Clinical Center Grand Rounds
Sign up to receive email updates for NIH Clinical Center Grand Rounds!
Grand Rounds Lecture Schedule
October 2016 • 12:00 noon – 1:00 pm • Lipsett Amphitheater
Wednesday, October 5, 2016
12 noon - 1 p.m.
Who Should Be Able to Enroll in Phase 1 Trials?
George D. Demetri, MD
Professor of Medicine, Harvard Medical School and Director, Center for Sarcoma and Bone Oncology, Dana-Farber Cancer Institute
Clark Hanmer, MD, NIH Research Participant
Lecture on Videocast (704 MB)
Evaluation Form for CME Credit* (136 KB)
Wednesday, October 12, 2016
12 noon - 1 p.m.
No Grand Rounds
Wednesday, October 19, 2016
12 noon - 1 p.m.
Contemporary Clinical Medicine: Great Teachers
Leadership Development in a Neurosurgical Residency
Karin Muraszko, MD
Chair and Julian T. Hoff Professor, Department of Neurosurgery, University of Michigan Health System, Ann Arbor
Lecture on Videocast (536 MB)
Evaluation Form for CME Credit* (144 KB)
Wednesday, October 26, 2016
12 noon - 1 p.m.
John Doppman Memorial Lecture for Imaging Sciences
Radiogenomics: Leveraging Multi-Scale Data to Drive Biological Insights in Oncologic Biomarker Development
Michael D. Kuo, MD
Associate Professor of Radiology University of California, Los Angeles
Lecture will be videocast NIH-Only
Evaluation Form for CME Credit* (142 KB)
* NOTE: To receive credit for attendance, this form must be returned to the Office of Clinical Research Training and Medical Education by 6 pm on the day of the lecture. Please fax forms to 301-435-5275. For CC Grand Rounds CME inquires, contact Daniel McAnally at 301-496-9425 or email@example.com.
Continuing Medical Education (CME) activities are offered by the National Institutes of Health with The Johns Hopkins University School of Medicine [disclaimer] as the CME provider.
The weekly Clinical Center Grand Rounds provide a mechanism for presentations on state-of-the-art discoveries.
Who Should Attend
All physicians, allied health professionals, and non-clinical scientists are invited to attend the Clinical Center Grand Rounds Series.
After attending the activity, participants will be able to (1) define options and alternatives that will guide clinical practice, (2) evaluate practical information presented about clinical research principles based on state-of-the-art scientific discovery and clinical advances, and (3) analyze information and opportunities to increase and improve collaboration among investigators.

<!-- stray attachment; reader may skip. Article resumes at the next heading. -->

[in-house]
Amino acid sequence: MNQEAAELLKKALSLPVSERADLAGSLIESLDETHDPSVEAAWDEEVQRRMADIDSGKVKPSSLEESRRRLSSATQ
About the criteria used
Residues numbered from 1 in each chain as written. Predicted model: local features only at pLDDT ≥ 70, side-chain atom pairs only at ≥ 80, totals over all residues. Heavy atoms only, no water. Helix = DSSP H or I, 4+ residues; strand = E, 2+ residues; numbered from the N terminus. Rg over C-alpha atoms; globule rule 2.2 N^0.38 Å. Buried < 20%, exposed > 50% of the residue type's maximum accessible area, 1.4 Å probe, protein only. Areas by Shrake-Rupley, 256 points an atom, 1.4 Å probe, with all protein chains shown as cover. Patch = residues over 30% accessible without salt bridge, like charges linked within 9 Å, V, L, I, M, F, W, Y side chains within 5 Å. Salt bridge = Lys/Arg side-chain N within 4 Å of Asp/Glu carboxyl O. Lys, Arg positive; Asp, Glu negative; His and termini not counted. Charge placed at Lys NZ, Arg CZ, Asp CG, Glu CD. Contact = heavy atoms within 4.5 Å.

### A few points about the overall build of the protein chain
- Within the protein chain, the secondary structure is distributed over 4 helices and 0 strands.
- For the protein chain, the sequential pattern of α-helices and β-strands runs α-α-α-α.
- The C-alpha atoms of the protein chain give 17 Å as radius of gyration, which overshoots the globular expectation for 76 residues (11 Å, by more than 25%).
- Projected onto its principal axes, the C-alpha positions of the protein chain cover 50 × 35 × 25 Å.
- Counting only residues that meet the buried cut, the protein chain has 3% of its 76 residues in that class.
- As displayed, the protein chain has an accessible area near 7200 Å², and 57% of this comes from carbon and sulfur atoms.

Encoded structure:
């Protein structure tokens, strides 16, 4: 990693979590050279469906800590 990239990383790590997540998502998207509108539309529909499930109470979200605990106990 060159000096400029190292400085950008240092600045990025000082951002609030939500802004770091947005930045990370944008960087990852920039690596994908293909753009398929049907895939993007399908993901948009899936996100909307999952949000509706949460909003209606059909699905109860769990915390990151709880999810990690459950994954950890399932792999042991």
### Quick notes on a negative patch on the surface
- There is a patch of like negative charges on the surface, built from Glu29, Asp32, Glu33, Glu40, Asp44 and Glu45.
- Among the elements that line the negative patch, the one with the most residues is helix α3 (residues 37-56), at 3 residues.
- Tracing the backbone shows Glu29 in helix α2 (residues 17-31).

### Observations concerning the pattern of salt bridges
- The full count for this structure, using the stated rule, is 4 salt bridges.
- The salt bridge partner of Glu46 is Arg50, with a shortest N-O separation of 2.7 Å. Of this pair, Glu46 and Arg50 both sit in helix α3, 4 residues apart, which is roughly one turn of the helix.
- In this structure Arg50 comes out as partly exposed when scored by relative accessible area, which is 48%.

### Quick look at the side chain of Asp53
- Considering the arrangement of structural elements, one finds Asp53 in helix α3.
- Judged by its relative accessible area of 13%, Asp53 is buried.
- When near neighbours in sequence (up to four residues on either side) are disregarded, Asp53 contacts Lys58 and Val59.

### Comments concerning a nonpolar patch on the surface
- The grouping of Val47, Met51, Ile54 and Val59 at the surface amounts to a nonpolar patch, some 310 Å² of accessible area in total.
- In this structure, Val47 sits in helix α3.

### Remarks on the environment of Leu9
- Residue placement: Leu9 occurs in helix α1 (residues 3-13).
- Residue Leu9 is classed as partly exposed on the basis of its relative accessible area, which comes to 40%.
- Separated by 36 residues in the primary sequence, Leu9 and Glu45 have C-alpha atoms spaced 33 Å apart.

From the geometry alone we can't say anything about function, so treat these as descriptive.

This activity has been planned and implemented in accordance with the accreditation requirements and policies of the Accreditation Council for Continuing Medical Education (ACCME) through the joint providership of Johns Hopkins University School of Medicine and the National Institutes of Health. The Johns Hopkins University School of Medicine is accredited by the ACCME to provide continuing medical education for physicians.
Credit Designation Statement
The Johns Hopkins University School of Medicine designates this live activity for 1 credit per session for a maximum of 42 AMA PRA Category 1 Credits™. Physicians should claim only the credit commensurate with the extent of their participation in the activity.
Policy on Speaker and Provider Disclosure
It is the policy of The Johns Hopkins University School of Medicine and the NIH that the speaker and provider disclose real or apparent conflicts of interest relating to the topics of this educational activity, and also disclose discussions of unlabeled/unapproved uses of drugs or devices during their presentation(s). The Johns Hopkins University School of Medicine OCME has established policies in place that will identify and resolve all conflicts of interest prior to this educational activity. Detailed disclosure will be made in the activity materials.
The Center for Information Technology (CIT) makes special NIH events, seminars, and lectures available to viewers on the VideoCast web site. VideoCasting is the method of electronically streaming digitally encoded video and audio data from a server to a client. Streaming files are not downloaded, but rather are broadcast in a manner similar to television broadcasts. The videos are processed by a compression program into a streaming format and delivered in a staggered fashion to minimize impact upon the network and maximize the experience of the content for the viewer. When users request a streaming file they will receive an initial burst of data after a short delay (file latency). While content is being viewed, the streaming server machine and software continues to "stream" data in such a manner that the viewer experiences no break in the content. Questions: Call 301-496-0080. Viewers from outside the NIH network can download the lastest free tools:
Sign language interpreters will be provided. Individuals with disabilities who need reasonable accommodation to participate in this event should contact the Clinical Center Office of Communications and Media Relations at 301-496-0080. TTY users, please call through the Federal Relay Service at 1-800-877-8339.
NOTE: PDF documents require the free Adobe Reader.